On a nippy day in Paris that had spectators wearing thick coats after a spell of rain, less than half of Philippe Chatrier court was full for Stan Wawrinka's clash with Lukas Rosol at the French Open.
But by the time the first-round match ended, the majority of the world's most famous clay-court stadium was filled, an indication of not only a slight upturn in the weather but the drama unfolding.
Ultimately Wawrinka escaped 4-6 6-1 3-6 6-3 6-4 against the Czech with a giant-killing reputation to barely avoid becoming the first reigning men's champion at the French Open to exit in his opener the next season.
Another Czech made a stir, too. Qualifier Radek Stepanek, who turns 38 in November, led second-seed Andy Murray 6-3 6-3 0-6 2-4 when darkness halted their contest on centre just past 9:20 p.m. local time.
The cooler conditions, coupled with playing on the sport's slowest surface, certainly didn't lend itself to breathtaking tennis, yet Wawrinka and Rosol managed to strike more winners than unforced errors.
And on the second day of this year's tournament, Wawrinka produced enough glittering shots to fill a highlight reel all by himself.
He even did it without his red and white, pajama looking shorts that became so famous 12 months ago.
It's rare for grand slam winners to contest a tournament the week before a major but that's what the Swiss opted to do.
Wawrinka won the title at home in Geneva for a boost of confidence -- downing Rosol in the semifinals -- but then faced a quick turnaround.
Physically and emotionally, and when taking into consideration his opponent Monday, it came as no surprise he was pushed to the limit. Rosol ousted Rafael Nadal at Wimbledon in 2012 and when his booming, flat ground strokes are firing, he is difficult to contain.
Rosol refused to buckle when dropping the second set, racing to a 3-0 lead in the third.
With Wawrinka dealing with the pressure of serving second in the fourth and Rosol surging, the defending champion -- the only prominent Swiss men's player in the field after Roger Federer's withdrawal
-- capped a lengthy rally in the fifth game with a winning smash.
"He was going for his shots all the time, not missing much," Wawrinka told reporters.
The fifth game proved pivotal, as Wawrinka saved two break points to earn a 3-2 advantage. Rosol crumbled in the eighth game to trail 5-3 and the lone break of the fifth came a point after Wawrinka crunched one of his trademark one-handed backhands down the line.
He raised his arms in celebration -- and relief -- after converting a third match point, putting away a comfortable backhand volley.
Lasting a shade over three hours, Wawrinka would have probably wanted an easier outing as he attempts to become the eighth man to win back-to-back French Opens in the Open Era.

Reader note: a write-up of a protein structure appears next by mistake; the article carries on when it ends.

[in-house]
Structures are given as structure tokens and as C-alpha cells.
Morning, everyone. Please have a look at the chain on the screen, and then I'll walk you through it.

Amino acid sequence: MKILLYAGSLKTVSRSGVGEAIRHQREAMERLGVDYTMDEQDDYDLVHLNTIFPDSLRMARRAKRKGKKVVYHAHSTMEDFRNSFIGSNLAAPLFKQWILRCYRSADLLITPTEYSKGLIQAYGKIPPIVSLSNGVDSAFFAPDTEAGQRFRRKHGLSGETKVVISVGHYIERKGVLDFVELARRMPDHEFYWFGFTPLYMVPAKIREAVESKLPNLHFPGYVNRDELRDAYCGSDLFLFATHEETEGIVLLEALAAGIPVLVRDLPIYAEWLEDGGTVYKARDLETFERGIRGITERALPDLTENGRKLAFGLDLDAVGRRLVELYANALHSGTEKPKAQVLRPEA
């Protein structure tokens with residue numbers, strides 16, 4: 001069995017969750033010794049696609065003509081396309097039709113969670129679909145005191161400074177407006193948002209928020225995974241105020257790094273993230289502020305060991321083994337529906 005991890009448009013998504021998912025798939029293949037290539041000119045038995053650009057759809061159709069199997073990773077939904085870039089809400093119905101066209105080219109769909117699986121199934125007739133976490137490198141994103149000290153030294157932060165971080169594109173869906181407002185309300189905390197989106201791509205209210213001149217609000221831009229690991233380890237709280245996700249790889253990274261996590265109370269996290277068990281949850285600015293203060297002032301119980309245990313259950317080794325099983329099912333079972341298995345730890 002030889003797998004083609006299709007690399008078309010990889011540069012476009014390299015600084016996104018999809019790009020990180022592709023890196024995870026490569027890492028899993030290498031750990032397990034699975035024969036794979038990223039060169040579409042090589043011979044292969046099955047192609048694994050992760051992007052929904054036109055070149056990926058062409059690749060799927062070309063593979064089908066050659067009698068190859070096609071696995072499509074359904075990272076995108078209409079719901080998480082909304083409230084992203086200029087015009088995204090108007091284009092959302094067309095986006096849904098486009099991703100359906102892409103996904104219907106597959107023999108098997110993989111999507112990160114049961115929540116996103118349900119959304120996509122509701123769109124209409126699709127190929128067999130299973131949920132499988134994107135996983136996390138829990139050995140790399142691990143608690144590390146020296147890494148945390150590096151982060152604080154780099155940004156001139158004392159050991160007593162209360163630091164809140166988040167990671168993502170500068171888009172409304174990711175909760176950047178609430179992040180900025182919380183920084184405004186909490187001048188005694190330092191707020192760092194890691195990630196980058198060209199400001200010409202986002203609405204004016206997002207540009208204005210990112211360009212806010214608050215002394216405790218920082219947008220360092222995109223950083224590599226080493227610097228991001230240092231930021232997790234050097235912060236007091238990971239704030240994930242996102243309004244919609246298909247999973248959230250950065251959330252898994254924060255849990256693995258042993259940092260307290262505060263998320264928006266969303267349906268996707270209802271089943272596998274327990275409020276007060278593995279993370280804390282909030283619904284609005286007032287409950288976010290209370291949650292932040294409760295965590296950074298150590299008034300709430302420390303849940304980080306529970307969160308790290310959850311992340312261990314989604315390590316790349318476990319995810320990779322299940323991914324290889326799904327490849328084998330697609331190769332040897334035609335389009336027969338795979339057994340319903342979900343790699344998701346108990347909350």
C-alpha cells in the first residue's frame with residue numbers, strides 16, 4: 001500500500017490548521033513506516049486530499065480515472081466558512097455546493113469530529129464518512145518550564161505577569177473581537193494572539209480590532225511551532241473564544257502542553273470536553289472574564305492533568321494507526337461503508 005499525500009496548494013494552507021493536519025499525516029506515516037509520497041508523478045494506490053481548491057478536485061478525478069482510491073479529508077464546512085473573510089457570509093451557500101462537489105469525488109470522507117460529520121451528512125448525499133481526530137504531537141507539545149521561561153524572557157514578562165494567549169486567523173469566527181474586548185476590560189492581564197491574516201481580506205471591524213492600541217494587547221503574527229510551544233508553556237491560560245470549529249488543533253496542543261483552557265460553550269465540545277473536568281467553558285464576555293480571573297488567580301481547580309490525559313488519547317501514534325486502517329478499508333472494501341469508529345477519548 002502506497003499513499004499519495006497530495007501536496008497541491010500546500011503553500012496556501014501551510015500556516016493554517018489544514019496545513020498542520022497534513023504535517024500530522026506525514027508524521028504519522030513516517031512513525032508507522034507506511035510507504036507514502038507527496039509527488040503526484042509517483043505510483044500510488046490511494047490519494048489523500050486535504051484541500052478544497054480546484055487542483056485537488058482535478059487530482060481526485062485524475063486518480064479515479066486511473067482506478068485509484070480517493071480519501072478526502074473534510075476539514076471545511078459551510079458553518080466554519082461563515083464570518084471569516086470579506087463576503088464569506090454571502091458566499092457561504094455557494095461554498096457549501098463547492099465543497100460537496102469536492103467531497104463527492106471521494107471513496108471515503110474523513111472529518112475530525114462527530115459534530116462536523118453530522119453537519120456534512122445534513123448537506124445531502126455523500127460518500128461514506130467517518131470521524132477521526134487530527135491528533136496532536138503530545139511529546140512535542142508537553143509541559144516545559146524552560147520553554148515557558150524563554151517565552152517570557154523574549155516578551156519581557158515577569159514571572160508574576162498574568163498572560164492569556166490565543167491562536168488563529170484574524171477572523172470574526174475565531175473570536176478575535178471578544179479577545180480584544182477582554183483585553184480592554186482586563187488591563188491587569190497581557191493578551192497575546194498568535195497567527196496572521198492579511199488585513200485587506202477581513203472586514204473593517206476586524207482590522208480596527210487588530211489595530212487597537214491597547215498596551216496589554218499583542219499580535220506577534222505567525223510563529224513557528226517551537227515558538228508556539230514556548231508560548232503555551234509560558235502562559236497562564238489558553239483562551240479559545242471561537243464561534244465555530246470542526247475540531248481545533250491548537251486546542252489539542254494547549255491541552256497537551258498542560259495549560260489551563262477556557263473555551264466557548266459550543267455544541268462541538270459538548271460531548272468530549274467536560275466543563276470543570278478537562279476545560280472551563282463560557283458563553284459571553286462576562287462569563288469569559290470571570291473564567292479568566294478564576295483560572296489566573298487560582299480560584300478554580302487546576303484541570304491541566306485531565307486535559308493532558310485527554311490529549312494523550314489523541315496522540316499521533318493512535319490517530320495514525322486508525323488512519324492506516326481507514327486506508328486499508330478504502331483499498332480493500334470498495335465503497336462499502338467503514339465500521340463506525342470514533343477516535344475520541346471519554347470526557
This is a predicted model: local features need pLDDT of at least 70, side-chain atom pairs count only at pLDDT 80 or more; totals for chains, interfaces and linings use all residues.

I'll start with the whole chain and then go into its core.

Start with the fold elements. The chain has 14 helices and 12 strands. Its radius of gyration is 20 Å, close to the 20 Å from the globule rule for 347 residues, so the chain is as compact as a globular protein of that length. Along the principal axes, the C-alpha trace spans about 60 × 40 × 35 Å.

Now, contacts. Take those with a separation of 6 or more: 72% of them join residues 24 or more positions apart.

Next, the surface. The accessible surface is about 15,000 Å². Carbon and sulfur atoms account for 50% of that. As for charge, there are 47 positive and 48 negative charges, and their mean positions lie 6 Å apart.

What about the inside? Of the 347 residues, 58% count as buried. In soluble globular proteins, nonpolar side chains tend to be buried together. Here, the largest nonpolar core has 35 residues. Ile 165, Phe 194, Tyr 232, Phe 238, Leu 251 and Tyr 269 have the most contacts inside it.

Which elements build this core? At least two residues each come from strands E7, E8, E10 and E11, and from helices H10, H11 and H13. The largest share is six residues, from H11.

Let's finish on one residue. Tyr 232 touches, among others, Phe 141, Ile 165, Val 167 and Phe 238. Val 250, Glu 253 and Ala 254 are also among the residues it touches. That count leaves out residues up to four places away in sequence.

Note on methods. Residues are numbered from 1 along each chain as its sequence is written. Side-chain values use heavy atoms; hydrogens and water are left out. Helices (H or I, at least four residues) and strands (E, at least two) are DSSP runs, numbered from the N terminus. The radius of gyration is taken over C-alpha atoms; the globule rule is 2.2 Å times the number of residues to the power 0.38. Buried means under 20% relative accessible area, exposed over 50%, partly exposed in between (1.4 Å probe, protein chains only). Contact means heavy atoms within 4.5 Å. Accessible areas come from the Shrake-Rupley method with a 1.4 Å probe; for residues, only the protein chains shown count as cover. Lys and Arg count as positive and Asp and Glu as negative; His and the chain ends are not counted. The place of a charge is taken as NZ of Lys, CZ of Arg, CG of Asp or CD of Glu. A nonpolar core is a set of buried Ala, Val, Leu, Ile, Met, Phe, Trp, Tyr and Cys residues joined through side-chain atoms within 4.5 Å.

"It's never the best to start with a five-set match," conceded Wawrinka.
His opponent in the second round, Japan's Taro Daniel, also endured a five-set affair, rallying to beat the dangerous Martin Klizan. Klizan retired in the fifth with a neck injury to give Daniel a 3-6 4-6 7-5 6-4 3-0 win.
Murray enjoyed his finest clay-court buildup to the French Open this year and seemingly received a gentle draw Friday. Stepanek did take a set off Murray in Madrid this month but that was in quicker conditions that aids the attacking game of the former world No. 8.
Stepanek, though, played his all-court game to perfection in the first two sets against a passive Murray before the Scot raised his game, and Stepanek dipped, in the third and fourth sets. The current world No. 128 -- the only man to win back-to-back, live fifth matches in a Davis Cup final -- claimed a mere six points in the third set. The stoppage, then, benefited Stepanek.
Daniel's fellow Japanese, 2014 U.S. Open finalist Kei Nishikori, defeated Simone Bolelli 6-1 7-5 6-3. Nishikori led by two sets Sunday when rain postponed proceedings.
With Serena Williams, Victoria Azarenka, Angelique Kerber and Dominika Cibulkova in the top half of the women's draw, opportunity knocks in the bottom half and 2015 Wimbledon finalist Garbine Muguruza is hoping to prosper.
The Spaniard went 7-3 on the clay prior to the French Open to gain momentum following a tough start to the season and she began her tournament by beating Anna Karolina Schmiedlova 3-6 6-3 6-3.
A breakthrough artist in 2015, Schmiedlova lost her 12th straight main draw match at the highest level.
Muguruza faces a potential fourth-round tussle with 2009 French Open champion Svetlana Kuznetsova, who overturned a one-set deficit herself, finishing off Yaroslava Shvedova 4-6 6-1 6-4 in a match also suspended by rain Sunday.
Women's second-seed Agnieszka Radwanska, a year after being upset in the first round, eased past Bojana Jovanovski 6-0 6-2 on her least favorite surface while sixth-seed Simona Halep, the 2014 finalist, routed Japan's Nao Hibino 6-2 6-0.